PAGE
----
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Silver Care & Restoration

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Silver Care & Restoration

Post your questions and receive researched answers on the care, restoration, and conservation of silver holloware, flatware, and jewelry from silversmith Jeffrey Herman.

• All information published by Jeffrey Herman is © copyrighted.


Website: http://www.hermansilver.com
Location: Rhode Island
Members: 16
Latest Activity: Nov 27, 2013

Precious Metal Prices

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Discussion Forum

old stainless steale 1 Reply

Started by Brend Clark. Last reply by Jeffrey Herman Jun 28, 2013.

Restoration of Georg Jensen Tankard

Started by Jeffrey Herman Apr 10, 2013.

Restoration of Sterling Ball, Black & Co. Coffeepot

Started by Jeffrey Herman Jan 21, 2013.

New Silver Polish Abrasion Ratings Guide!

Started by Jeffrey Herman Sep 18, 2012.

Repair of Cast Iron Match Safe 2 Replies

Started by Jeffrey Herman. Last reply by Jeffrey Herman Jul 14, 2012.

Don't Buy This Product!

Started by Jeffrey Herman Feb 3, 2012.

Precious Metal Fraud

Started by Jeffrey Herman Nov 28, 2011.

Buyers of Chinese "Sterling" Beware!

Started by Jeffrey Herman Nov 25, 2011.

Dangerous & Destructive Chemical Dips

Started by Jeffrey Herman Nov 23, 2011.

Keep Silver out of the Dishwasher!

Started by Jeffrey Herman Nov 22, 2011.

Candles and Weighted Silver

Started by Jeffrey Herman Nov 22, 2011.

Don't Trust all Silver Polishing Videos!

Started by Jeffrey Herman Nov 21, 2011.

Removing Dried Polish

Started by Jeffrey Herman Nov 21, 2011.

New Finding in Tarnish Removal

Started by Jeffrey Herman Nov 21, 2011.

Tarnish Formation

Started by Jeffrey Herman Nov 21, 2011.

Comment Wall

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Comment by Ellen Wiley on March 7, 2012 at 4:08pm

Jeffrey thank you so much for your input.  I will take it to have it checked out.  This information will be helpful to me in the future also.  I appreciate your response.

Comment by Jeffrey Herman on March 7, 2012 at 12:38pm

Normally, if an object is solid silver it will be indicated on the piece. Examples are: Sterling, 925, 925/1000, 900, Coin, Standard, 9584 (English Britannia), 800 (Germany), 84 (Russia), etc.). Most American-made objects are marked on the bottoms of holloware and on the reverse on flatware. Foreign-made objects can be marked most anywhere, and are sometimes accompanied by additional marks applied in the country's assay office which tests the quality of the precious metal during its manufacture. Rarely will you find a piece made of solid silver that isn't stamped. If an object isn't stamped, a non-invasive identification method is judging by tarnish color. Silverplate will exhibit a blue-purple hue, where solid silver will exhibit grey-black. If you cannot determine if an object is solid silver, consult a silversmith or jeweler who may use an acid test.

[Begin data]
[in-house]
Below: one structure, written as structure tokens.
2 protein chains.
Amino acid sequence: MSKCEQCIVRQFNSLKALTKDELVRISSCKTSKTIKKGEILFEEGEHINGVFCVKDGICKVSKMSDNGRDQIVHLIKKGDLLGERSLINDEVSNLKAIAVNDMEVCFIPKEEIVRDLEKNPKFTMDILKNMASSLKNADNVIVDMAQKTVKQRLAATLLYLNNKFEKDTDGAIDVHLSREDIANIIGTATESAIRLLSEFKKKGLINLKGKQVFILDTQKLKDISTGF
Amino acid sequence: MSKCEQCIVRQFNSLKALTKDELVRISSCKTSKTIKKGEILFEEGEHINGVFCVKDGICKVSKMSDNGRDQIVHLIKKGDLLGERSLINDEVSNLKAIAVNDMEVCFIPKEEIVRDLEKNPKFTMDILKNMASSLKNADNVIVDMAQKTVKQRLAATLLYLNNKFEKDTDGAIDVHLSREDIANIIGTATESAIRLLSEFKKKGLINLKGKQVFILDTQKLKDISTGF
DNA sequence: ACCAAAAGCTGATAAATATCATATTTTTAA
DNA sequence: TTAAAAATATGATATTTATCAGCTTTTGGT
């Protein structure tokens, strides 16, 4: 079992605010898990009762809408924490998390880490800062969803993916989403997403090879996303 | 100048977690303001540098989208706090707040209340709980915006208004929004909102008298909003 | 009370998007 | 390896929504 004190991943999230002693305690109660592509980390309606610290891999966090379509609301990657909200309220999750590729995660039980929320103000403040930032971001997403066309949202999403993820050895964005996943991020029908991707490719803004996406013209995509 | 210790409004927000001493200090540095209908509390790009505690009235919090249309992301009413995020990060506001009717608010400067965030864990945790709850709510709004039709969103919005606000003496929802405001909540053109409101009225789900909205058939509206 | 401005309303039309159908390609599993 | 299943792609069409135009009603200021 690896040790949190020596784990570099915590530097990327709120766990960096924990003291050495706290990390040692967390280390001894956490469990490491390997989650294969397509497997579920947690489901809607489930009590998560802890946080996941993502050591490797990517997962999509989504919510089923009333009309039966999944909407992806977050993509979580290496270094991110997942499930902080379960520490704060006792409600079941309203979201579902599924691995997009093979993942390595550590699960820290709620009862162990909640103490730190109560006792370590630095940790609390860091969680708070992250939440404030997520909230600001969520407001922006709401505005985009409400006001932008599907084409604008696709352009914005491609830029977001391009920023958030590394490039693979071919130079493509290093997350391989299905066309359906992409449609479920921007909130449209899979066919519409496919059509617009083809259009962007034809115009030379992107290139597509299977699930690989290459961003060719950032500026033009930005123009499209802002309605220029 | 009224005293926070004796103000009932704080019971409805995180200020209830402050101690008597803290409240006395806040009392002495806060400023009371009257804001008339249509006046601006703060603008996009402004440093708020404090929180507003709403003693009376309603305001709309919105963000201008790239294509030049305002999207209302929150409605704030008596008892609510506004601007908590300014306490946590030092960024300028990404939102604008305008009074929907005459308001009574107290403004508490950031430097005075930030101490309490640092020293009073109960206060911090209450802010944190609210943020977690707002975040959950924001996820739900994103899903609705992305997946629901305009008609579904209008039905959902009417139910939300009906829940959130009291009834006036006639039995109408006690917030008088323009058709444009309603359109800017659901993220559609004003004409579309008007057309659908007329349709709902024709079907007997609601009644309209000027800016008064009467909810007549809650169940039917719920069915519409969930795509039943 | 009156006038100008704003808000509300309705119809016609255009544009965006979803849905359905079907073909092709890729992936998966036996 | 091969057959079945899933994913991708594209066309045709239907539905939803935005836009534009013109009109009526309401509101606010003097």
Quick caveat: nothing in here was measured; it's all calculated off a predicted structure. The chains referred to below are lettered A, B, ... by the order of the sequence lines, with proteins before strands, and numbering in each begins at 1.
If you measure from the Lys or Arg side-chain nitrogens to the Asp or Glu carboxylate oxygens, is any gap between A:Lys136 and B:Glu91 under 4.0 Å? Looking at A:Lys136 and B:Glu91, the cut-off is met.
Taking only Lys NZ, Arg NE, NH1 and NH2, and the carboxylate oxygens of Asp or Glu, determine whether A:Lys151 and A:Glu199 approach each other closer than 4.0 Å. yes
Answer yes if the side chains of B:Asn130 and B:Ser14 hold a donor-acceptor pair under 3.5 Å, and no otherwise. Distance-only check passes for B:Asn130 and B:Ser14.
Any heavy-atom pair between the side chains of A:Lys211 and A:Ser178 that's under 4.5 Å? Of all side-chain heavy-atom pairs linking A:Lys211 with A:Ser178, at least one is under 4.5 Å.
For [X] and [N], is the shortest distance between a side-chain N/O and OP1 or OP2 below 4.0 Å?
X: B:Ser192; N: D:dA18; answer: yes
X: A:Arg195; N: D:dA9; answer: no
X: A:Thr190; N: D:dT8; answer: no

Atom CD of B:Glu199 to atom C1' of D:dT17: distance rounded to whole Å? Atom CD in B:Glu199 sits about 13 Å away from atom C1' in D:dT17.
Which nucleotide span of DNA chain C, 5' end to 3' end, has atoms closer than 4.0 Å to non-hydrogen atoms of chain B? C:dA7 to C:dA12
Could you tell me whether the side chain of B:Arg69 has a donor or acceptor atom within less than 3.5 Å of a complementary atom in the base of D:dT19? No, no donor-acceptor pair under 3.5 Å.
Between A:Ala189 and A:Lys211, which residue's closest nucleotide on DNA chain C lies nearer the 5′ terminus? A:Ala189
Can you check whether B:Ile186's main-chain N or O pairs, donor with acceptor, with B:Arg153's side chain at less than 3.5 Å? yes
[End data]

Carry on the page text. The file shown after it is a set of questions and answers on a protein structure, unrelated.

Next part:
Comment by Ellen Wiley on March 7, 2012 at 11:41am

I have a pair of Sterling silver Eugen Ferner 1968 S & P shakers.  I also have a large round tray with a glass insert also Eugen Ferner.  This has and M above the name and 1968 on the bottom also. I do not see the word sterling anywhere on the tray. Both of the items were brought over from Germany by the same person and I am trying to find out if the tray could also be sterling.  I was going on the assumption that since the S & P shakers were the tray would be also.  Any info or suggestions.  I have spent a lot of time online trying to find out anything about the tray with no luck.  Thanks for any help you can give me.

Comment by Jeffrey Herman on March 5, 2012 at 6:48am

Since I'm not an appraiser, you may want to post your question to this group: Antique & Collectable Silver – http://iantiqueonline.ning.com/group/antiqueandcollectiblesilver

Comment by Jeffrey Herman on February 5, 2012 at 7:49am

After the Super Bowl, remember NOT to throw your silver in the dishwasher!


There are four major reasons for keeping your prized sterling and silverplate out of the "chamber of doom:" (1) Any factory-applied oxidation (the black patina in recessed areas) will eventually be removed. (2) The harsh detergent, combined with the washer's high cleaning temperature, is much too abrasive for silver—it will eventually turn it grey or white, with a dull, non-reflective surface. (3) Most older and some repaired hollow-handled knives are filled with pitch. This low-melting cement will expand with heat, possibly forcing open a thin solder seam, or exploding the knife blade out of the handle. (4) Silver that touches stainless in the dishwasher can create a chemical reaction, producing black spots or pitting on the stainless and possibly requiring the silver to be professionally refinished.


Sterling, like a fine automobile, must be handled with tender loving care. You certainly wouldn't drive your Rolls Royce through a car wash, would you?

Comment by Jeffrey Herman on January 21, 2012 at 10:33am

Hello Diane, if there were only more hours in the day.

Comment by C. Dianne Zweig Editor's Desk on January 21, 2012 at 9:46am

Jeffrey, hope you will post on our new Facebook page,http://www.facebook.com/iantiqueonline

Dianne

Comment by Jeffrey Herman on January 20, 2012 at 12:15pm

That's correct. If the underlying metal is yellow: brass/bronze; light grey: nickel (primarily on flatware). 

Comment by Jeffrey Herman on January 20, 2012 at 7:49am

The white paper will show you the subtle differences in the metal. If there is polished silver next to gray metal that won't polish, you have a lead alloy base metal in that area.

Comment by Lillian Dunbar on January 20, 2012 at 6:56am

What am I looking for on the "white paper" test?

 
 
 

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